Monday, 30 August 2021


India’s Afghanistan policy in regime security terms

Foreign minister Jaishankar informed the recent all-party meeting on the Afghanistan situation that India’s policy is one of ‘wait and watch’. Whereas a policy-in-the-works is justified, a regional power should instead be pushing for an outcome it prefers in Afghanistan.

Diplomatically, it has at the two Security Council meetings joined the international chorus calling for moderation on part of the Taliban and to ensure a broad representativeness in the new government. As incentive, the mid August reference to Taliban among the armed groups has been removed in the late August Council resolution. Sticks to extract good behavior of the Taliban in power remain in the form of diplomatic recognition and sanctions’ lists procedures, on which India will likely fall in line with the Western powers. On the ground, having pulled out its diplomatic staff, it has limited possibilities of influencing the situation. This action willy-nilly acknowledges the preexisting deficit in India’s Afghan policy that resulted in India being kept out of the plethora of forums – the troika plus and quadrilaterals - that have come up as the peace process wound its way over the past two years.

While India’s intelligence moves are not known, these can be expected to include an outreach to the Afghan resistance shaping up at Panjshir holdout. By reassuring the resistance leadership of India’s continuing support, India can strengthen their hand. At the table currently with the Talban, they have the confidence to wrest their due in terms of representation in the new Taliban-led dispensation. If the Taliban’s ongoing tactics of coercion-with-talks fail to persuade their challengers at Panjshir, it provides India a leverage it could exploit depending on how the situation pans out.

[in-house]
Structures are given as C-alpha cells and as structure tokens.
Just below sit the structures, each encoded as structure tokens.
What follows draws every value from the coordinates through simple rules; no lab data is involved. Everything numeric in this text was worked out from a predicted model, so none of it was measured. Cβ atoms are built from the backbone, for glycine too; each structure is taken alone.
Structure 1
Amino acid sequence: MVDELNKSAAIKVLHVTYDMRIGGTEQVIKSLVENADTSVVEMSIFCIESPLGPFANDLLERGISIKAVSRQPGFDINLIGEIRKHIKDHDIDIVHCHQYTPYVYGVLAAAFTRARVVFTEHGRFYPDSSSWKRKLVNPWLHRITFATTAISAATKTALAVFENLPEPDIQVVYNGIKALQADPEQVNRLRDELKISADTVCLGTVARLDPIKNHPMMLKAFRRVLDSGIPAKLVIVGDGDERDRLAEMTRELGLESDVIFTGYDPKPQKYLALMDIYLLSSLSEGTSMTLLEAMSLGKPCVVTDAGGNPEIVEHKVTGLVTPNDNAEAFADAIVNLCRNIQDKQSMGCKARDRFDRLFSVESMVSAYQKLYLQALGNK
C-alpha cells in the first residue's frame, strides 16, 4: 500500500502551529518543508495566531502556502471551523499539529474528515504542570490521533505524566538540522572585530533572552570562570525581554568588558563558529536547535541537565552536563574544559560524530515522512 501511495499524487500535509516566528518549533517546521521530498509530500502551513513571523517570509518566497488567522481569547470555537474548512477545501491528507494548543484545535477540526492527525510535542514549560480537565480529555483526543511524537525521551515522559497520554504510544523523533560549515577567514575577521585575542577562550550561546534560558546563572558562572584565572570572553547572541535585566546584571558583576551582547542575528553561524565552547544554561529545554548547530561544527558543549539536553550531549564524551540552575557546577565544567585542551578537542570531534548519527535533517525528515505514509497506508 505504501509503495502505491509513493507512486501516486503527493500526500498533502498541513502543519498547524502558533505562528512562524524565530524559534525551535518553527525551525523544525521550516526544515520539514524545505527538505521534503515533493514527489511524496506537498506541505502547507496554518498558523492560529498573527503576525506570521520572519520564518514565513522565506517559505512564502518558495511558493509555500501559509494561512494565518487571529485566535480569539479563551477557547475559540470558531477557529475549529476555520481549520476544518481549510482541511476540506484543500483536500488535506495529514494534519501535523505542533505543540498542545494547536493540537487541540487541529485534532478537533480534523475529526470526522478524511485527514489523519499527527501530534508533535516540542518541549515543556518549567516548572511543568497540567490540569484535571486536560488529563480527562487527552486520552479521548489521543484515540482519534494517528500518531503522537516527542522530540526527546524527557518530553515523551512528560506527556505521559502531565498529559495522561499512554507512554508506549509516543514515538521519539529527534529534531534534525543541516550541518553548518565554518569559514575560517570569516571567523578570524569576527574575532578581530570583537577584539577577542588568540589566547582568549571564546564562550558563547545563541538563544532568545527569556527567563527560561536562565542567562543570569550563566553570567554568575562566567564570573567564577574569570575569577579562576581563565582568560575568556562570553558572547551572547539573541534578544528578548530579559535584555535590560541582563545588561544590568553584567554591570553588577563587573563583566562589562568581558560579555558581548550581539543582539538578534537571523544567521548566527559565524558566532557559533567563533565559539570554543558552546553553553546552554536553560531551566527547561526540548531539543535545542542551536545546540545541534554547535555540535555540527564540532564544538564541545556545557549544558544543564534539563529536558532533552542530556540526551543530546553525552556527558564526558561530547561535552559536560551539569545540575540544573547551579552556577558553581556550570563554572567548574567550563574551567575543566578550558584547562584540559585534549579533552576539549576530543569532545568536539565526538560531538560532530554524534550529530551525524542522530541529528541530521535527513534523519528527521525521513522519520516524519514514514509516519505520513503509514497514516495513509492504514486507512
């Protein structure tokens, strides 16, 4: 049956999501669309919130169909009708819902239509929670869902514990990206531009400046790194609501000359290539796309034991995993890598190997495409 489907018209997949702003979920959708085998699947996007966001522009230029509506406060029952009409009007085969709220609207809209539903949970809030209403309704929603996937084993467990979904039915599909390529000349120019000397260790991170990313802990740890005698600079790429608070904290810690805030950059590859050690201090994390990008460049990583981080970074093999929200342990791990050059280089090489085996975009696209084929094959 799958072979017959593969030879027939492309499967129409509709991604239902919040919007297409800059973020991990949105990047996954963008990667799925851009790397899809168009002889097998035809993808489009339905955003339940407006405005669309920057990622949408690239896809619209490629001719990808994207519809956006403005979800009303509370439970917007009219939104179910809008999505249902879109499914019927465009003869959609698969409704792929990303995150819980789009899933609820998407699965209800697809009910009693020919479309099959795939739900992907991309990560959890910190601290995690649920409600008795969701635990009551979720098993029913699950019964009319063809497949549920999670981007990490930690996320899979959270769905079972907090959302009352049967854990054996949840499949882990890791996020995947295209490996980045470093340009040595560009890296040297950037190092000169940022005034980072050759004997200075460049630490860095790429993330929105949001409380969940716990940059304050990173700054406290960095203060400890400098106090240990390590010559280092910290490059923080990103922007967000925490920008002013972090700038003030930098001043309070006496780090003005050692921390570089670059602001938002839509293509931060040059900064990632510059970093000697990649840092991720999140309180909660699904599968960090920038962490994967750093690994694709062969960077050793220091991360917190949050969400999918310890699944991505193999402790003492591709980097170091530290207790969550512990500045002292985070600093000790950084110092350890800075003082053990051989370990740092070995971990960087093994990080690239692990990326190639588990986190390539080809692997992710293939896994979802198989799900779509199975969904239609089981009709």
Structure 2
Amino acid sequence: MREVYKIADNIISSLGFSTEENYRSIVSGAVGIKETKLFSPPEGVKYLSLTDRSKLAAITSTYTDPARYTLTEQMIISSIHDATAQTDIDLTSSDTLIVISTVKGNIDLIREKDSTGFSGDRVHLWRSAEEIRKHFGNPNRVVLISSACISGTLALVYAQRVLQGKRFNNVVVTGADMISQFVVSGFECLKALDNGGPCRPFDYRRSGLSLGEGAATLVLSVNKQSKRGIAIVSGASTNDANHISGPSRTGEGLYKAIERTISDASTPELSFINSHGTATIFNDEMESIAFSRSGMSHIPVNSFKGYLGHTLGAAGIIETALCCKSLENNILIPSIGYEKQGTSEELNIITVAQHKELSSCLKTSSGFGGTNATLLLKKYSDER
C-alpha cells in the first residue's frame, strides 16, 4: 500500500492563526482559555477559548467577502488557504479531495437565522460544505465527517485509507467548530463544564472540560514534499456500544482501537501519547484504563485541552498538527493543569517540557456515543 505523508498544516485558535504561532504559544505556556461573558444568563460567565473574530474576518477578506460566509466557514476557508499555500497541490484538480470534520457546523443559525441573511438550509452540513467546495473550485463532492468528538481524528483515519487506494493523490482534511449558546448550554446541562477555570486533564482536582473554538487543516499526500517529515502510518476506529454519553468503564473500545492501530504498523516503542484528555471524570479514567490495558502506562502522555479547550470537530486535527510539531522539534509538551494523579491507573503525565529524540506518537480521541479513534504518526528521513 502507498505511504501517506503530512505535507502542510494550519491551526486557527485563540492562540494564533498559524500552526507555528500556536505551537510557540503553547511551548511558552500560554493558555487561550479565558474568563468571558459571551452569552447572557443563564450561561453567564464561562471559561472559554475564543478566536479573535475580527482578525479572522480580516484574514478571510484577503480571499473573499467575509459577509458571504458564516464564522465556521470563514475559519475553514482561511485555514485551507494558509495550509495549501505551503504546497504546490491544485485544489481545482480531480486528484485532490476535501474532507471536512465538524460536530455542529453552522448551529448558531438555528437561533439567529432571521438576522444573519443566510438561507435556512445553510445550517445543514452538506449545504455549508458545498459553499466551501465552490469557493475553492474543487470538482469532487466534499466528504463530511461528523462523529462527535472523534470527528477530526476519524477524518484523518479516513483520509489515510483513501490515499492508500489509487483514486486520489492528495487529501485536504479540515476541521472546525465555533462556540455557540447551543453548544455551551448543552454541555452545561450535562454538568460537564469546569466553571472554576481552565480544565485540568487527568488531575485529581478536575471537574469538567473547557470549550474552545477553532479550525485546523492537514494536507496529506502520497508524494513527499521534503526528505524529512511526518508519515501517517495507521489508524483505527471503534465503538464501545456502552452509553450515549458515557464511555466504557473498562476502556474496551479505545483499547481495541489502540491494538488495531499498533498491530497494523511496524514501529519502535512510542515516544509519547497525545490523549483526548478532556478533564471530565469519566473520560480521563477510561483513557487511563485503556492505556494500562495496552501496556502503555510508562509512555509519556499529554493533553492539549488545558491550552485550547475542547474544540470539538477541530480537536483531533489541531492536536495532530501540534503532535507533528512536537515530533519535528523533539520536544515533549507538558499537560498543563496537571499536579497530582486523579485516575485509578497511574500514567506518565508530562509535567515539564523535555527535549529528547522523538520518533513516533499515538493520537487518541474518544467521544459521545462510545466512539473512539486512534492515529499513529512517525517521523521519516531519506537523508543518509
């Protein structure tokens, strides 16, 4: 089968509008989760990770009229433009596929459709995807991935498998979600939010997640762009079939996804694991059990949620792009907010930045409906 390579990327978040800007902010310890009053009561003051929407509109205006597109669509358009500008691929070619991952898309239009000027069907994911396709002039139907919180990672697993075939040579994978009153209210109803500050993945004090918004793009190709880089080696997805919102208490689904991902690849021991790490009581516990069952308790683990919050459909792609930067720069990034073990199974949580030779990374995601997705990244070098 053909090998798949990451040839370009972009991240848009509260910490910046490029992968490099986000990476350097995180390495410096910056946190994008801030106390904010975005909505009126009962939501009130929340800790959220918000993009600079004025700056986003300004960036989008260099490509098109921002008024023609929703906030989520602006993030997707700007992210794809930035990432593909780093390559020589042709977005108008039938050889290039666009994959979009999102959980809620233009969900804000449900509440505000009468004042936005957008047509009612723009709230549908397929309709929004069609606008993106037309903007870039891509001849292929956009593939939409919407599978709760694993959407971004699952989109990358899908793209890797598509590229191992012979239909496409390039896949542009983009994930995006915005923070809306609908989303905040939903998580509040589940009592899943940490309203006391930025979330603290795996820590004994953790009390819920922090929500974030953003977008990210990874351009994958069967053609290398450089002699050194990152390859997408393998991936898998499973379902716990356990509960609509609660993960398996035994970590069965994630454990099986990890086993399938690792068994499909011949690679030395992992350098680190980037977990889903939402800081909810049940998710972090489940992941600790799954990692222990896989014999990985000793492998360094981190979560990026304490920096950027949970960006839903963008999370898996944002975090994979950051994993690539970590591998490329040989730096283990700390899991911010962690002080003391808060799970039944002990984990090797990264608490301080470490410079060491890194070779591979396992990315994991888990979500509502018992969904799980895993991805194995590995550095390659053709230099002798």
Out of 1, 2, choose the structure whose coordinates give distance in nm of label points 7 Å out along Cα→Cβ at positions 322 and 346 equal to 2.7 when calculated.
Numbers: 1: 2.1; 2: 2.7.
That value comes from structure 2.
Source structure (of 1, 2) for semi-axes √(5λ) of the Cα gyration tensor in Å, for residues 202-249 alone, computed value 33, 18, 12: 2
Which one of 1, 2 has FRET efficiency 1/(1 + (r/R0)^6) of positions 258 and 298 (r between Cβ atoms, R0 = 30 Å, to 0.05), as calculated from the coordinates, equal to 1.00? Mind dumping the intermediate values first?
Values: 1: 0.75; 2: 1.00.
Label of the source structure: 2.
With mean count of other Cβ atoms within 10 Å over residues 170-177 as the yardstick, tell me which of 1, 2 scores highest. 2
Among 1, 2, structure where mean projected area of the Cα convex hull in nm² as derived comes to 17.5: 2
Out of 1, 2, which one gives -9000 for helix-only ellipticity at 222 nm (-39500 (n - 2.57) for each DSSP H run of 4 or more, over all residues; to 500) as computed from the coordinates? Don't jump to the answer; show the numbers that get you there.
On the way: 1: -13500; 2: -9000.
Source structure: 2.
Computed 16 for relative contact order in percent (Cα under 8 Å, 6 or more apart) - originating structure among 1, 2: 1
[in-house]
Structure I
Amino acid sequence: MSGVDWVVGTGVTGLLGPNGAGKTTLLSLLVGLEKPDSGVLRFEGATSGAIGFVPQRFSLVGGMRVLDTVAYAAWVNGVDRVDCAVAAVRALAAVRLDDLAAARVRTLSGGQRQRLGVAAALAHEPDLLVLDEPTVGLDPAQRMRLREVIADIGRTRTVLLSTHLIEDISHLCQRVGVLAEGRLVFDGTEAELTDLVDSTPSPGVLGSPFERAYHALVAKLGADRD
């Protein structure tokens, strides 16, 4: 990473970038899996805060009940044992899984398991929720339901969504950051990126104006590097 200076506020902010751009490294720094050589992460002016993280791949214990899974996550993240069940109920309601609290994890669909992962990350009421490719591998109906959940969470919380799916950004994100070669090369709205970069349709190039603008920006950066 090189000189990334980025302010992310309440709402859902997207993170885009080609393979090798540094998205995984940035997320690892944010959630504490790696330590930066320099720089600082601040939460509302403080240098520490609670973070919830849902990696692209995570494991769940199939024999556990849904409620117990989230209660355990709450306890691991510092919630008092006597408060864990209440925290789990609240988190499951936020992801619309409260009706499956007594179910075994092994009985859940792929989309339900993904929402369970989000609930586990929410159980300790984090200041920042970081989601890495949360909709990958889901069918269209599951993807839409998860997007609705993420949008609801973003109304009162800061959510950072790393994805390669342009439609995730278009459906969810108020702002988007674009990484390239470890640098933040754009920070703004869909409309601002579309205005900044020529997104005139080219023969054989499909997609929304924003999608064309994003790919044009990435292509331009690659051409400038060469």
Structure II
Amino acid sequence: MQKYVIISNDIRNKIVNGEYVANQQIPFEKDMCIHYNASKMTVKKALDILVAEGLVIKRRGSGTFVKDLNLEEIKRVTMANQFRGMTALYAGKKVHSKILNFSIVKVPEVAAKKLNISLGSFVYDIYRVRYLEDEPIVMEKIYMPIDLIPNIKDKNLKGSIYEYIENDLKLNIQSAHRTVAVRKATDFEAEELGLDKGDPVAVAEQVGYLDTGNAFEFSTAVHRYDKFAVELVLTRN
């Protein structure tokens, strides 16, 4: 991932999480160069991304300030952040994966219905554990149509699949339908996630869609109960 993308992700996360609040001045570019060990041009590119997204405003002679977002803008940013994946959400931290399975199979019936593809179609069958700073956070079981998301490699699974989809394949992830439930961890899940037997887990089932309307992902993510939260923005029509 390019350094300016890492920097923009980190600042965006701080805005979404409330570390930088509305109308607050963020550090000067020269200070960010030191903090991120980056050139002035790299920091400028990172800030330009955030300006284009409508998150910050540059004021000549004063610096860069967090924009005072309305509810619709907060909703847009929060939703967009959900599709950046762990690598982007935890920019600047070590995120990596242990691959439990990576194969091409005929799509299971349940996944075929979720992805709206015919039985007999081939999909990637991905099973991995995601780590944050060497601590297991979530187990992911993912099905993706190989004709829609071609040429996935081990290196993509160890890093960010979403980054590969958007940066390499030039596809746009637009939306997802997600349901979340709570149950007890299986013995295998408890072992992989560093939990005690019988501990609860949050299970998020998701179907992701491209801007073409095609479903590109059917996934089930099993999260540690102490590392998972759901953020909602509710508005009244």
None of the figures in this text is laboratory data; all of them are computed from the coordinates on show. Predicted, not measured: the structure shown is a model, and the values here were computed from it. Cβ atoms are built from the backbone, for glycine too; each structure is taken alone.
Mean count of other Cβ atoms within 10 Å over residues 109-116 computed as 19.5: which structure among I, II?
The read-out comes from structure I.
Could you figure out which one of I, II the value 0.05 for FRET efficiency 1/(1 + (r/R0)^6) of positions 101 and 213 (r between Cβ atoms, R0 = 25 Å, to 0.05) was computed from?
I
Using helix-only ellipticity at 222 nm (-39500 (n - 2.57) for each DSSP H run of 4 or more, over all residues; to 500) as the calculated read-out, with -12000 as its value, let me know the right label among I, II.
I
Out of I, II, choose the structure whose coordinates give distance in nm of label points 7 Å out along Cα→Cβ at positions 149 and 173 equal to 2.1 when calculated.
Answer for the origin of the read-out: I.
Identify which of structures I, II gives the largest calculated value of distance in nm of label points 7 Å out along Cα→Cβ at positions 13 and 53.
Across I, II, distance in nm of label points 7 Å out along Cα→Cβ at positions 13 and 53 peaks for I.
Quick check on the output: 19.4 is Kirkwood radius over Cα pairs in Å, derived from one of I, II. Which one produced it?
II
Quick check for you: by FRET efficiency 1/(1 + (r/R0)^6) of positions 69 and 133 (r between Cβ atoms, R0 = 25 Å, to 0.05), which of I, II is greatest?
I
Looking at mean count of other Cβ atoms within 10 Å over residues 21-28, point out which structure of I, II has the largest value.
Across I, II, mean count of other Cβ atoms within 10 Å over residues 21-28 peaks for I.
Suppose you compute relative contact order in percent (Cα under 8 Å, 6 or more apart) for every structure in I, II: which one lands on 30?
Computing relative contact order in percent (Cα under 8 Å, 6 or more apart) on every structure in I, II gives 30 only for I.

An intelligence dominant Afghanistan policy

It is likely that the intelligence prong of strategy, even if invisible, is more active than its diplomatic one, since India’s Afghanistan policy has been intelligence-led. There have been multiple exchanges between the intelligence establishments of India and the former regime, especially since mid 2017, when President Trump decided to wind down the American commitment in Afghanistan. India’s Afghanistan policy is entwined with its Pakistan and Kashmir policies, making it a subset of its national security policy and therefore, the domain of the national security adviser.

However, despite this privileging of the intelligence prong of strategy - and perhaps because of this - not unlike most other states, India was unable to gauge the rapidity of collapse of the Ghani regime. Limiting its outreach to the Taliban eventuated in India being marginalized. Consequently, India surveys uncertain national security prospects in case the Taliban return to power. The threat is not so much from the Taliban, as much as from the unreformed and triumphalist Pakistan, that would be able to return its attention to its traditional preoccupation, Kashmir.

Kashmir returns as a conflict trigger